Lluís Quílez’s short science fiction drama reminded me of the famous opening line from Frederic Brown’s “Knock”: “The last man on Earth sat alone in a room. There was a knock on the door…” Director Quílez centers his science fiction tale on a man named Edgar who spends his days biding his time for inevitable rescue, and looking for some semblance of companion ship in his every day life. Edgar walks around the ruins of his city after an undisclosed “incident” has caused many to flee or die off.
Living with his dog, he roams the city branding highly radiated areas, and basically living a routine of silence and patience. When the word “Anna” is spray painted on a wall one day, he realizes he’s not alone in the city after all. Soon he begins a conversation with the mysterious individual who insists on talking with Edgar through black spray paint. Despite the fact Edgar has never seen Anna, he begins to form a bond with her, and opens himself up to getting to know her and perhaps build a bond. Along the way director Quílez builds a lot of questions that are never answered, and opens the door for a ton of ambiguity.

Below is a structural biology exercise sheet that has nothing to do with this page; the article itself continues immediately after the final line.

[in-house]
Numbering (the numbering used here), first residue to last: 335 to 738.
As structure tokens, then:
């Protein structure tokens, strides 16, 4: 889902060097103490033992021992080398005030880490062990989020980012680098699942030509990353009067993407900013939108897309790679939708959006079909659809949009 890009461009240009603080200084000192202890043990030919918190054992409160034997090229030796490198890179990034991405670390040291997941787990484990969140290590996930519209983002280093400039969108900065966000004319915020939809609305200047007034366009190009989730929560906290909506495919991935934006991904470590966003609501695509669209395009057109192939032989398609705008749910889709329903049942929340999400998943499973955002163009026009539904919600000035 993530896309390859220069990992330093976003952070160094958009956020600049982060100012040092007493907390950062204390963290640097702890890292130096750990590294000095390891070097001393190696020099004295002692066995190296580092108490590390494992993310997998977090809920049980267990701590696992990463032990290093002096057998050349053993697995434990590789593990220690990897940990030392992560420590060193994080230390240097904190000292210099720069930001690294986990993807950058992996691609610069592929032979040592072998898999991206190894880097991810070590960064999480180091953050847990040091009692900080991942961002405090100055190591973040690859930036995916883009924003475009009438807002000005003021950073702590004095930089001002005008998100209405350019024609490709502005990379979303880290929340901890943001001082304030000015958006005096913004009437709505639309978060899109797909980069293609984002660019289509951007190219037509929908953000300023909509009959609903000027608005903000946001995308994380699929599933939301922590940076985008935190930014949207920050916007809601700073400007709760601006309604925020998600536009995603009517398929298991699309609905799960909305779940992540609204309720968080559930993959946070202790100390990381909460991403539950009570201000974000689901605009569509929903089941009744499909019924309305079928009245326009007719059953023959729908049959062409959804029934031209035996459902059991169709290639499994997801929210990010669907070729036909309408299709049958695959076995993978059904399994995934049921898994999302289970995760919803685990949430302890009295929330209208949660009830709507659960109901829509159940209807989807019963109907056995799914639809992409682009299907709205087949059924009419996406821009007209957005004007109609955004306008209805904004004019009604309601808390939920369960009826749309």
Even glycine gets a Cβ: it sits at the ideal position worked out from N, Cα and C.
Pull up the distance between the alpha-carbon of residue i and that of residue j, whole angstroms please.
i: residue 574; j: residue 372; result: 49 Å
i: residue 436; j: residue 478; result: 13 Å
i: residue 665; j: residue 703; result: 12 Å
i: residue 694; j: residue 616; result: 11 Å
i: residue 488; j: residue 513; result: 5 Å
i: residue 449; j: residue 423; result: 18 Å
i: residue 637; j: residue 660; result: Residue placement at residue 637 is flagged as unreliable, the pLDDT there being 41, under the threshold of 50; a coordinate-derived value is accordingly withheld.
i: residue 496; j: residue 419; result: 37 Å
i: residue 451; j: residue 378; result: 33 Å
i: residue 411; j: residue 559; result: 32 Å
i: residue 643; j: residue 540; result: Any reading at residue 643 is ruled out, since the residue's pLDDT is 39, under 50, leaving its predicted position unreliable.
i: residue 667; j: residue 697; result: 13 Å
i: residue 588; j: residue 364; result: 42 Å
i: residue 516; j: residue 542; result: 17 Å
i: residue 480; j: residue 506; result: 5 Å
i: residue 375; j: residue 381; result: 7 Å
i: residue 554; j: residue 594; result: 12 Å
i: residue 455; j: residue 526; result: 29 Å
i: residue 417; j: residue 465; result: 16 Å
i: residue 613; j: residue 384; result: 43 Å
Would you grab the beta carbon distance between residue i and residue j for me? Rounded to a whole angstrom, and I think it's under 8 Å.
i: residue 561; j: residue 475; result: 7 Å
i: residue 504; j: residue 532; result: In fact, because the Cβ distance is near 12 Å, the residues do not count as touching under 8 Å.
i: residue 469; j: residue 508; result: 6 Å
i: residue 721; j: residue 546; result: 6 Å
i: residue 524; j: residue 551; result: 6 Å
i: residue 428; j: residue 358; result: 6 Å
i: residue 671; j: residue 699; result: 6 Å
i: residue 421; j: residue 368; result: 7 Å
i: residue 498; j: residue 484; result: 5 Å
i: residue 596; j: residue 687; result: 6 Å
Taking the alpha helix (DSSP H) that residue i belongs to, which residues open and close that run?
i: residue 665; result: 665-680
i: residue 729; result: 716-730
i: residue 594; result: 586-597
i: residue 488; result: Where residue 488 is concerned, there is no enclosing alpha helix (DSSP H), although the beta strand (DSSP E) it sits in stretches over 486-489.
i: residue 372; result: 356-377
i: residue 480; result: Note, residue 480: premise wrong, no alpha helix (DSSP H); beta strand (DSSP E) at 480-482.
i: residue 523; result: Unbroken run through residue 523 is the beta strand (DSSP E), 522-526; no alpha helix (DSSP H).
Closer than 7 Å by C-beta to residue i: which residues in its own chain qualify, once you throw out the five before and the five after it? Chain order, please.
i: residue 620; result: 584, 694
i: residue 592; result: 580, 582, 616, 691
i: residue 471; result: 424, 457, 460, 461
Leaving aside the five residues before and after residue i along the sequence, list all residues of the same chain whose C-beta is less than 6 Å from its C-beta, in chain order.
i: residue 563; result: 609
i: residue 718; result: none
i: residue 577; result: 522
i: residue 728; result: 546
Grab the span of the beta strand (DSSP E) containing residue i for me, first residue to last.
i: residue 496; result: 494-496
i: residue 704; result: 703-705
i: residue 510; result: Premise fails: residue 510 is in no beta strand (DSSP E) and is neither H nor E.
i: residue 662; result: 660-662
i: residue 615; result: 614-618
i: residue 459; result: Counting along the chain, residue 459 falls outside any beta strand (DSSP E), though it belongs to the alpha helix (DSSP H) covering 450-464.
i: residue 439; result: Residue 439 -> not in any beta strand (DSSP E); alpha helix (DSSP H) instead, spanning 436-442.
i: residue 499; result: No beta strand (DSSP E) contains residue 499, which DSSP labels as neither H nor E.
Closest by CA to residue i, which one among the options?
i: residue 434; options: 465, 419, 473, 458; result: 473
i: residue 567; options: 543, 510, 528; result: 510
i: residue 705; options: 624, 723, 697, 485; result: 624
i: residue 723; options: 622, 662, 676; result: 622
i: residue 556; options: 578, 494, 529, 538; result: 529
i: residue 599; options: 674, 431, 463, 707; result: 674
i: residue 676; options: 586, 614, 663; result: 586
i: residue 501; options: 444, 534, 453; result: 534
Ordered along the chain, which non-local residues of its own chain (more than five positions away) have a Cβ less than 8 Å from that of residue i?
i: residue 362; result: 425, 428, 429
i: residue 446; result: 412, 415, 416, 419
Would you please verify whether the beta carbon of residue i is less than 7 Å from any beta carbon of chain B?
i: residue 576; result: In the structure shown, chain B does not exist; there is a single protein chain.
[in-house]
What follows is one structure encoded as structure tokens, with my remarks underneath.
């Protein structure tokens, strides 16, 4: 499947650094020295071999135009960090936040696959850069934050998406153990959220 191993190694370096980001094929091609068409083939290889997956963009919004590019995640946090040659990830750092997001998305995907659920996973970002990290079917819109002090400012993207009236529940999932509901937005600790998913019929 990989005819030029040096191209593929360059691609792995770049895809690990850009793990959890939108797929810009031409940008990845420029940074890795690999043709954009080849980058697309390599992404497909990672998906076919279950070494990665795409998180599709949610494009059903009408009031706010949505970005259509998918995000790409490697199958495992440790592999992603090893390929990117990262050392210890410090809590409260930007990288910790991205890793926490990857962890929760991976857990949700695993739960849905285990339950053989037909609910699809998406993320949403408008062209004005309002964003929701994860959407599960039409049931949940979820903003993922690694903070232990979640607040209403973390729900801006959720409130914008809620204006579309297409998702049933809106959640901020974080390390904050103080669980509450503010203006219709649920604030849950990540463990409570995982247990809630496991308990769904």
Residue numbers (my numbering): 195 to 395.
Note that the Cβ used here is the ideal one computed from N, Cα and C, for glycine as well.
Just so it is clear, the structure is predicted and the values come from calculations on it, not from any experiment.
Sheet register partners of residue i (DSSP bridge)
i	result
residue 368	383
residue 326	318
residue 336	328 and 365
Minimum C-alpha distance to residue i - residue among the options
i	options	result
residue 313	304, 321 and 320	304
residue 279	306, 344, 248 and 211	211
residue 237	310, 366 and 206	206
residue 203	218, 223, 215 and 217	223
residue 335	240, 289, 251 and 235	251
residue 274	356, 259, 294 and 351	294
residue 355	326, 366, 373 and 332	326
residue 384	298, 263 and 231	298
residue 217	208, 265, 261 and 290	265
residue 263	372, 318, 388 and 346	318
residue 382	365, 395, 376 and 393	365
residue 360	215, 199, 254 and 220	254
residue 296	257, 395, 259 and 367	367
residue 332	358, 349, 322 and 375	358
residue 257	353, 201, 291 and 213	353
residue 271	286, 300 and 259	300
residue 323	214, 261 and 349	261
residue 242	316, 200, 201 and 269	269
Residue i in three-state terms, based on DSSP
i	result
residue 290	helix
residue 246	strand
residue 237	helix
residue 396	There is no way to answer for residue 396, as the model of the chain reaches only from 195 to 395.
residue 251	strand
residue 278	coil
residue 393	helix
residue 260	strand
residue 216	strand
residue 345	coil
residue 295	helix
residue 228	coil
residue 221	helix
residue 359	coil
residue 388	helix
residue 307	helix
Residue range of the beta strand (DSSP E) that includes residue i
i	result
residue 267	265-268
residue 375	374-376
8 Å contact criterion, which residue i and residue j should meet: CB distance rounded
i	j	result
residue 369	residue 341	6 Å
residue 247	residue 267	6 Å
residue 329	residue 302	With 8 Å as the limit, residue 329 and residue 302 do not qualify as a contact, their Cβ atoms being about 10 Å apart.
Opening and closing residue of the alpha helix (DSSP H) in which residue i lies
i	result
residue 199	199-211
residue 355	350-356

As hinted through a scene involving oddly placed scenery, is Edgar so anxious for companionship that he’s losing his mind? Is there actually an Anna? Is she hiding herself for a reason? And if he does ever meet her, does he want to? Is his loneliness setting himself up for danger lurking in the environment? Has he built her up so much he’s doomed to be disappointed? “Graffiti” examines the ideas of loneliness and isolation, and how human beings can long for companionship and become starved for it in the harshest circumstances. Director Lluís Quílez offers a beautifully filmed, thought provoking and oddly eerie statement about our hunger to socialize.